Predicting the potential of soils to supply phosphorus by integrating soil chemical processes and standard soil tests

A.M.D. Los, D.W. Bussink, E.J.M. Temminghoff, W.H. van Riemsdijk

Research output: Contribution to journalArticleAcademicpeer-review

18 Citations (Scopus)

Abstract

In agriculture there is a growing need to use phosphorus (P) fertilizer more efficiently because of P related environmental problems and diminishing P reserves. A key factor to achieve this is an accurate prediction of the P supply potential of a soil. To improve the choice of soil tests and interpretation of the corresponding results a new methodology is proposed. The methodology is derived based on the continuous removal of P from soils using an artificial P sink (Fe oxide-impregnated paper) and linking the results to standard soil tests. To achieve this, the desorption results are modeled based on the adsorption characteristics of the P sink and a soil specific Langmuir desorption isotherm in which the parameters are calculated a priori from standard soil tests. To be able to make any prediction of the P supply potential a minimum of two parameters is needed: a measure for the reversibly adsorbed P (Q) and for the P concentration in solution (C). The best prediction is obtained when Q was approximated by P-Olsen, followed by PAL and Pox. The measure for C is an indication of the rate with which P can be removed from the soil and is approximated by P-CaCl2. The ratio Q over C is an indication of the capacity of the soil to buffer C, and thus the capacity to maintain the flux from the soil to a sink. The accuracy of this prediction increases for soils with high buffer power, i.e. with low P saturation of the reactive surface area associated with the readily desorbable P. In this case the Langmuir isotherm is linear. To increase the accuracy of this prediction for soils that do not have a high buffer power, and the Langmuir isotherm is thus nonlinear, a measure for the reactive surface area (e.g. Fe-ox and Al-ox) of the soil must also be taken into account. In addition, to be able to extend the prediction of the soil P supply potential to an amount of P exceeding the amount of readily desorbable P. a measure for the total desorbable P content must be included (e.g. P-ox). This total desorbable P content dictates the level at which C is highly buffered once the reversibly adsorbed P has been depleted. The methodology was verified in pot- and field experiments. Implementation of the methodology based on two parameters in a Dutch routine soil laboratory has resulted in a more accurate P fertilizer recommendation for grassland.
Original languageEnglish
Pages (from-to)617-626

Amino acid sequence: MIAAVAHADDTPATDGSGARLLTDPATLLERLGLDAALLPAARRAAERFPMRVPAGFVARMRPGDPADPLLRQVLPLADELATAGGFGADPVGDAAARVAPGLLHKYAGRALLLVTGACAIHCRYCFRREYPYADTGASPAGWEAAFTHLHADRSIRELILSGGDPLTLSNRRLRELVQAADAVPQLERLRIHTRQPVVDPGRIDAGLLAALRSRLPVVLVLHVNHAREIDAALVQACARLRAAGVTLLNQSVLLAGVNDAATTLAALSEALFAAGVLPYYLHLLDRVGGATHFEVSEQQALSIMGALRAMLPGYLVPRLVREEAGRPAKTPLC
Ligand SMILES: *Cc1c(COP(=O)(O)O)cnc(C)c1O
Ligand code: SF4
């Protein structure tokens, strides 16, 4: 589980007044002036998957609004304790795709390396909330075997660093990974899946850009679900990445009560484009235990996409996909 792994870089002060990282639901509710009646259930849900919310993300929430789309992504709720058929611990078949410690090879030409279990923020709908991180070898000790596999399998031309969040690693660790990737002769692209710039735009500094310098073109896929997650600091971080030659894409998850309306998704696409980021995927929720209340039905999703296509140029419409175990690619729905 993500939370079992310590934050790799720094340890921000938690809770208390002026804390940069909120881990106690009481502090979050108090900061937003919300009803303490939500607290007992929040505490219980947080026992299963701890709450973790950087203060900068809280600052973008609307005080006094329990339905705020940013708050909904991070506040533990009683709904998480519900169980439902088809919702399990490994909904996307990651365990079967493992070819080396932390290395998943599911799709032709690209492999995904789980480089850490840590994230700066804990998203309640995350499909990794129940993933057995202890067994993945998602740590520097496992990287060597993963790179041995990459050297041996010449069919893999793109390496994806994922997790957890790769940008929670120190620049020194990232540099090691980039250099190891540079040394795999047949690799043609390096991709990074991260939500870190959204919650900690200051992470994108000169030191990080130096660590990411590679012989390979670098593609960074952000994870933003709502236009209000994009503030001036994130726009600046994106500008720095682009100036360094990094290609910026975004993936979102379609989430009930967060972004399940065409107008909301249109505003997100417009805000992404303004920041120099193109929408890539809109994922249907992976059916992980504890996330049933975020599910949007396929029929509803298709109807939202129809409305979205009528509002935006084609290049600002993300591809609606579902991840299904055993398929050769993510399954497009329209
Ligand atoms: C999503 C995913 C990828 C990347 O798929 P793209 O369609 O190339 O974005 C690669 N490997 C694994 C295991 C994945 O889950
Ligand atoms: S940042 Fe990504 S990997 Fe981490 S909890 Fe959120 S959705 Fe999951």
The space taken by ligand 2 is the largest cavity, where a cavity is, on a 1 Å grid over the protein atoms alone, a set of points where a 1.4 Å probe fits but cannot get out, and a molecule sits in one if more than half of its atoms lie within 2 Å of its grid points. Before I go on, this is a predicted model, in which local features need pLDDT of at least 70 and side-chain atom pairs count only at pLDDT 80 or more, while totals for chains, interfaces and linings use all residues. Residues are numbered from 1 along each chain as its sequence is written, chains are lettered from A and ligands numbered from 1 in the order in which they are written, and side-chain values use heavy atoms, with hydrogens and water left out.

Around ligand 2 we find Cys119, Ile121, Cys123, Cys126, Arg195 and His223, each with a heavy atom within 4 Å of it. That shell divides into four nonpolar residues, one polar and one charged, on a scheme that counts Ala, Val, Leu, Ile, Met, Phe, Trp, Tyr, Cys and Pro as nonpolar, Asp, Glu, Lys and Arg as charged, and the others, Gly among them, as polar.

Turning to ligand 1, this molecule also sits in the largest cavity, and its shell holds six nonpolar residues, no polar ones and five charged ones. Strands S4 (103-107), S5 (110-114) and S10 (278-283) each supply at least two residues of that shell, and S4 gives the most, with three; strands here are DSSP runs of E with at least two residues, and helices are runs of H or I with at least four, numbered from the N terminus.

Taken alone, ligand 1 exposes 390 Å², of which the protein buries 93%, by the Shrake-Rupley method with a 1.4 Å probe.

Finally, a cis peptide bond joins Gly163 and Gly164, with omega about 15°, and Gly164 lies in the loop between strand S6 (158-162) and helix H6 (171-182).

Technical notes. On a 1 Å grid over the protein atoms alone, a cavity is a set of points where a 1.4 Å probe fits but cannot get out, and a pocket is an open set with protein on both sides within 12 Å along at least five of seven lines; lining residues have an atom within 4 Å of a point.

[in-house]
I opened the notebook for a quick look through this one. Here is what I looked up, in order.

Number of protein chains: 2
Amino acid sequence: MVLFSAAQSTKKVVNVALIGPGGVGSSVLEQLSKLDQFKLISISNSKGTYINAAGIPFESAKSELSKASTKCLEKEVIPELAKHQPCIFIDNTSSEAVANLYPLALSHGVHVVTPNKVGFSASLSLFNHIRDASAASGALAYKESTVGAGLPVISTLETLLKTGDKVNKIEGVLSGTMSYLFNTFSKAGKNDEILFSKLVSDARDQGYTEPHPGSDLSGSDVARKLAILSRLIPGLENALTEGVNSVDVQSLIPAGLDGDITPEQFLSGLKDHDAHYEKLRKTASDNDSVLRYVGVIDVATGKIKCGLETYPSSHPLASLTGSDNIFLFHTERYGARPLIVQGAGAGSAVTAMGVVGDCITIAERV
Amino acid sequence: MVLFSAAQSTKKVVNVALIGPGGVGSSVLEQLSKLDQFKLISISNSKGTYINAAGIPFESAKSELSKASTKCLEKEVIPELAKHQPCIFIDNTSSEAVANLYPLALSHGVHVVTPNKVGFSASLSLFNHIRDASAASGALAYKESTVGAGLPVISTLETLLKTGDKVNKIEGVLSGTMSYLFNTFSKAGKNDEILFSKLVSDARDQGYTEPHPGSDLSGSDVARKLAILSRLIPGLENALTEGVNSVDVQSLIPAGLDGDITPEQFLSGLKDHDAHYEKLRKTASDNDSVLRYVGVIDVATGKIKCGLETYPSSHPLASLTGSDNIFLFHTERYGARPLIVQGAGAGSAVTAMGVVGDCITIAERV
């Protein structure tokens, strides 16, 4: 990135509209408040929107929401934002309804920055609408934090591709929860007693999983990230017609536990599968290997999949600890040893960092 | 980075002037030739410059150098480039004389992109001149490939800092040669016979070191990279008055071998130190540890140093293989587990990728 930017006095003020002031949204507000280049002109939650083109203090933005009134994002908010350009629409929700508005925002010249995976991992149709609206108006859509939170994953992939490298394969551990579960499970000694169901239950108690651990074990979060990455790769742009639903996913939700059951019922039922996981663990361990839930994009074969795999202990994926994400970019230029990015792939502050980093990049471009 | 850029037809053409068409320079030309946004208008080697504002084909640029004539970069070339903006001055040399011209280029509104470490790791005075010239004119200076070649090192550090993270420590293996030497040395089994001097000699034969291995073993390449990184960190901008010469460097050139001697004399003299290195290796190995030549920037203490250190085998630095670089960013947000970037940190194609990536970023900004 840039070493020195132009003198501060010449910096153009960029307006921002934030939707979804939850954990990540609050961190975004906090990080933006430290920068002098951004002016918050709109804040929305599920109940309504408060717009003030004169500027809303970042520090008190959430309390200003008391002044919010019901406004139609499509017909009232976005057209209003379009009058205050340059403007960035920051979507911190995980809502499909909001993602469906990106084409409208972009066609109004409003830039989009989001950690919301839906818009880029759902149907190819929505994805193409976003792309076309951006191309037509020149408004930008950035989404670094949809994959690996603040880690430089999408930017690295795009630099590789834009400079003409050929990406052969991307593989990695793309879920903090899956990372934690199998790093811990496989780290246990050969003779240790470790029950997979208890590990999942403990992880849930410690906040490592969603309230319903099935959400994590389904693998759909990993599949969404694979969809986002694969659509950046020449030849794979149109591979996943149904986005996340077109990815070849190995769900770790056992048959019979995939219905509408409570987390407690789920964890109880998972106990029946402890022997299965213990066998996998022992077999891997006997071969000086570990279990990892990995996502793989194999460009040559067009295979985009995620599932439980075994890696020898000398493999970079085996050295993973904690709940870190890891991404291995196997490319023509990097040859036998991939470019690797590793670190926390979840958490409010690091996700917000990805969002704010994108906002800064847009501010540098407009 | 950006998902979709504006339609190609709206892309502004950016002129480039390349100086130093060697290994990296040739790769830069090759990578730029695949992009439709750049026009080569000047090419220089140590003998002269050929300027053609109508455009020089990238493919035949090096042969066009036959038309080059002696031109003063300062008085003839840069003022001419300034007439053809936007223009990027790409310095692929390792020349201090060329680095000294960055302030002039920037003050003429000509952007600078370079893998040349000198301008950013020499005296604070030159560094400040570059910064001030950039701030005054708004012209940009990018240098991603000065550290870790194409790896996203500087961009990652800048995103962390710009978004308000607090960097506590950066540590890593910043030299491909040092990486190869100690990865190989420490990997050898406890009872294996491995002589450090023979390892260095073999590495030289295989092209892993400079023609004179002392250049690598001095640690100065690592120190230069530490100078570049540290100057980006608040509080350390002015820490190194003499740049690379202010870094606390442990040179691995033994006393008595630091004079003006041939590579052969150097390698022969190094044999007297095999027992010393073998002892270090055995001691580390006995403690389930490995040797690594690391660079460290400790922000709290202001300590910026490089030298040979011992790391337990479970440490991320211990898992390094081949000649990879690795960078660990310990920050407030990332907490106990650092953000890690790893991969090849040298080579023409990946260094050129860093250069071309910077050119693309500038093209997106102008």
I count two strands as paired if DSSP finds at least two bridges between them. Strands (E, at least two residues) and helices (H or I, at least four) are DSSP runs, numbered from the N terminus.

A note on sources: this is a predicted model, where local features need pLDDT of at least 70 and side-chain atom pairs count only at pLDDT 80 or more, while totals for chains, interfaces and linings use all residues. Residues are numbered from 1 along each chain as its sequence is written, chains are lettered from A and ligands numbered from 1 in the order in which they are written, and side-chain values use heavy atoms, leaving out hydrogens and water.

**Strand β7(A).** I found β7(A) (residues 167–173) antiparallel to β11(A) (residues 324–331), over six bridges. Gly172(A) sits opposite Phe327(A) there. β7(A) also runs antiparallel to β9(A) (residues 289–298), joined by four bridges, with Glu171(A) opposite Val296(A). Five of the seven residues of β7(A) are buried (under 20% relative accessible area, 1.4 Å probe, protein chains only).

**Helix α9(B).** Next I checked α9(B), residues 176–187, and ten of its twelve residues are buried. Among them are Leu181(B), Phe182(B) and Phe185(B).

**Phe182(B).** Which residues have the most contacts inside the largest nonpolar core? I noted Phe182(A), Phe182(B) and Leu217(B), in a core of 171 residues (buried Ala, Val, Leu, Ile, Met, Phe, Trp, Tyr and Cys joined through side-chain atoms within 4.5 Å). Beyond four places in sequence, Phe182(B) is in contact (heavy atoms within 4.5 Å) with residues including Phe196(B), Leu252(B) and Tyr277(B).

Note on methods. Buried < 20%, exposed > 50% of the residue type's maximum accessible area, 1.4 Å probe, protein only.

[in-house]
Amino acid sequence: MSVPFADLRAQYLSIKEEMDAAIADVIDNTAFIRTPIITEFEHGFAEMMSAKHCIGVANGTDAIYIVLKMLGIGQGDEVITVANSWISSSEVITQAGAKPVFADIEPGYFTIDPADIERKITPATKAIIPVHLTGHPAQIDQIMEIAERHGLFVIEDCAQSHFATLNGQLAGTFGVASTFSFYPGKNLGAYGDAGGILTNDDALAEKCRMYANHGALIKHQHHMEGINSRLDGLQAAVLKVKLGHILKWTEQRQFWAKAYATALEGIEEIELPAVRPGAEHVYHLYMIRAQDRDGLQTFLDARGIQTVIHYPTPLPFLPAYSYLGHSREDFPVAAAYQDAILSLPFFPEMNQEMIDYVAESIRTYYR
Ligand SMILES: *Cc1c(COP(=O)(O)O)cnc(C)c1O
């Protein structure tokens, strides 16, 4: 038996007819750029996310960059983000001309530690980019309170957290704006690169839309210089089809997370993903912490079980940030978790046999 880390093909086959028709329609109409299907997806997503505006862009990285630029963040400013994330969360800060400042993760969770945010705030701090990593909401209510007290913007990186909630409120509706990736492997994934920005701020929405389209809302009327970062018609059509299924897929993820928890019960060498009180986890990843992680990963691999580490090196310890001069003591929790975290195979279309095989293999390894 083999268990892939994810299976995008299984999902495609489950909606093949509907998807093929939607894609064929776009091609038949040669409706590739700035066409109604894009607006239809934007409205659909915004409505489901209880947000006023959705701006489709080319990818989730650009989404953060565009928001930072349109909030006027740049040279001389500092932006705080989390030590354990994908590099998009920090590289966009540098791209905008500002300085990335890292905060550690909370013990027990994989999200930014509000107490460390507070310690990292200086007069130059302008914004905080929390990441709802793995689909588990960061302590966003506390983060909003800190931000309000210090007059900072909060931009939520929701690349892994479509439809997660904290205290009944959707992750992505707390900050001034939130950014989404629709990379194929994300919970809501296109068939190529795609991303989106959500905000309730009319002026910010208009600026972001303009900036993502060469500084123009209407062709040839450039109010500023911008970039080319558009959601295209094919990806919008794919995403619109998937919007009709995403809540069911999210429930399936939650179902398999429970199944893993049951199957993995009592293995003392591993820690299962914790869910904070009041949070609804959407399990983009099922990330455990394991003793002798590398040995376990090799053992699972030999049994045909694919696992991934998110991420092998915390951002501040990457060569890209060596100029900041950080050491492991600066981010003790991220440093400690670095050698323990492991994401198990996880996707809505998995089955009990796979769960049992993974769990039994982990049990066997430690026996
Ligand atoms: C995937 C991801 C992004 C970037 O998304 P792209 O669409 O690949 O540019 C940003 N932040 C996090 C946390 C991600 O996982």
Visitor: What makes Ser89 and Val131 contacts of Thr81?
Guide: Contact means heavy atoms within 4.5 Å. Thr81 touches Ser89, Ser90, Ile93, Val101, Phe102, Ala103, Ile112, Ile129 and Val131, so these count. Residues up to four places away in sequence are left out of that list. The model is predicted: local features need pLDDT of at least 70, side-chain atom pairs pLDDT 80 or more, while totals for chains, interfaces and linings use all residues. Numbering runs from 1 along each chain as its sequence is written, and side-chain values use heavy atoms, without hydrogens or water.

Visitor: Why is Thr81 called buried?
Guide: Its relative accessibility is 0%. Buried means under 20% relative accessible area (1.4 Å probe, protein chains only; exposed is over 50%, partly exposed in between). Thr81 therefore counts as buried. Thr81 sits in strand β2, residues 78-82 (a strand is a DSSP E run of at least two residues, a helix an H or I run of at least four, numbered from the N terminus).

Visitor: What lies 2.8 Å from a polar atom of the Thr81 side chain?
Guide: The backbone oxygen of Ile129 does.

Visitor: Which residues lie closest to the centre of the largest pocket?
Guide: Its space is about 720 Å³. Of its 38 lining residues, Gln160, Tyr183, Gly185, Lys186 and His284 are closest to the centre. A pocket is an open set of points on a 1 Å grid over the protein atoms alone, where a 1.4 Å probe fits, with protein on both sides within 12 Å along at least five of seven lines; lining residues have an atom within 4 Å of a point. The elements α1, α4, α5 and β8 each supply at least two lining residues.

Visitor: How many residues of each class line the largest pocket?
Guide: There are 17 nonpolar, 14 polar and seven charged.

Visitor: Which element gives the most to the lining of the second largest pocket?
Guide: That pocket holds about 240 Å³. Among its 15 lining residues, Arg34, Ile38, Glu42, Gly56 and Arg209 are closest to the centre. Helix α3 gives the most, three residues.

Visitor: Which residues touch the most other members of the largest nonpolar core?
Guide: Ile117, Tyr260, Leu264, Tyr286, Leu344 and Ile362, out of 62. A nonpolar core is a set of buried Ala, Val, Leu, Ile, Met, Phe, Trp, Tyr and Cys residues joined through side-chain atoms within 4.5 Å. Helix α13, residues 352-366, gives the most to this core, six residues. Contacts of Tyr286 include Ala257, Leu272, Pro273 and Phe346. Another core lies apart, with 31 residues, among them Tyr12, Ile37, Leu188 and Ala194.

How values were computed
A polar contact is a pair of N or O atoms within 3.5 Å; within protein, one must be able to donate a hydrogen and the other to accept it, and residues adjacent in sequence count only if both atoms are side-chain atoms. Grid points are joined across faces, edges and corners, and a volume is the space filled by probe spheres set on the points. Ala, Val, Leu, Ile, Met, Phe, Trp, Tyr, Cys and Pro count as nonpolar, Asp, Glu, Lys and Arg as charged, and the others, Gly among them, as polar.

JournalGeoderma
Volume189-190
DOIs
Publication statusPublished - 2012

Fingerprint

soil test
chemical process
phosphorus
soil
testing
prediction
oxen
isotherm
methodology
buffers
desorption
surface area
fertilizer
fertilizers
grassland
oxide
saturation
oxides
agriculture
adsorption

Keywords

  • impregnated filter-paper
  • fertilizer requirements
  • buffering capacity
  • phosphate
  • availability
  • extraction
  • parameters
  • kinetics
  • plants

Cite this

Los, A.M.D. ; Bussink, D.W. ; Temminghoff, E.J.M. ; van Riemsdijk, W.H. / Predicting the potential of soils to supply phosphorus by integrating soil chemical processes and standard soil tests. In: Geoderma. 2012 ; Vol. 189-190. pp. 617-626.
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abstract = "In agriculture there is a growing need to use phosphorus (P) fertilizer more efficiently because of P related environmental problems and diminishing P reserves. A key factor to achieve this is an accurate prediction of the P supply potential of a soil. To improve the choice of soil tests and interpretation of the corresponding results a new methodology is proposed. The methodology is derived based on the continuous removal of P from soils using an artificial P sink (Fe oxide-impregnated paper) and linking the results to standard soil tests. To achieve this, the desorption results are modeled based on the adsorption characteristics of the P sink and a soil specific Langmuir desorption isotherm in which the parameters are calculated a priori from standard soil tests. To be able to make any prediction of the P supply potential a minimum of two parameters is needed: a measure for the reversibly adsorbed P (Q) and for the P concentration in solution (C). The best prediction is obtained when Q was approximated by P-Olsen, followed by PAL and Pox. The measure for C is an indication of the rate with which P can be removed from the soil and is approximated by P-CaCl2. The ratio Q over C is an indication of the capacity of the soil to buffer C, and thus the capacity to maintain the flux from the soil to a sink. The accuracy of this prediction increases for soils with high buffer power, i.e. with low P saturation of the reactive surface area associated with the readily desorbable P. In this case the Langmuir isotherm is linear. To increase the accuracy of this prediction for soils that do not have a high buffer power, and the Langmuir isotherm is thus nonlinear, a measure for the reactive surface area (e.g. Fe-ox and Al-ox) of the soil must also be taken into account. In addition, to be able to extend the prediction of the soil P supply potential to an amount of P exceeding the amount of readily desorbable P. a measure for the total desorbable P content must be included (e.g. P-ox). This total desorbable P content dictates the level at which C is highly buffered once the reversibly adsorbed P has been depleted. The methodology was verified in pot- and field experiments. Implementation of the methodology based on two parameters in a Dutch routine soil laboratory has resulted in a more accurate P fertilizer recommendation for grassland.",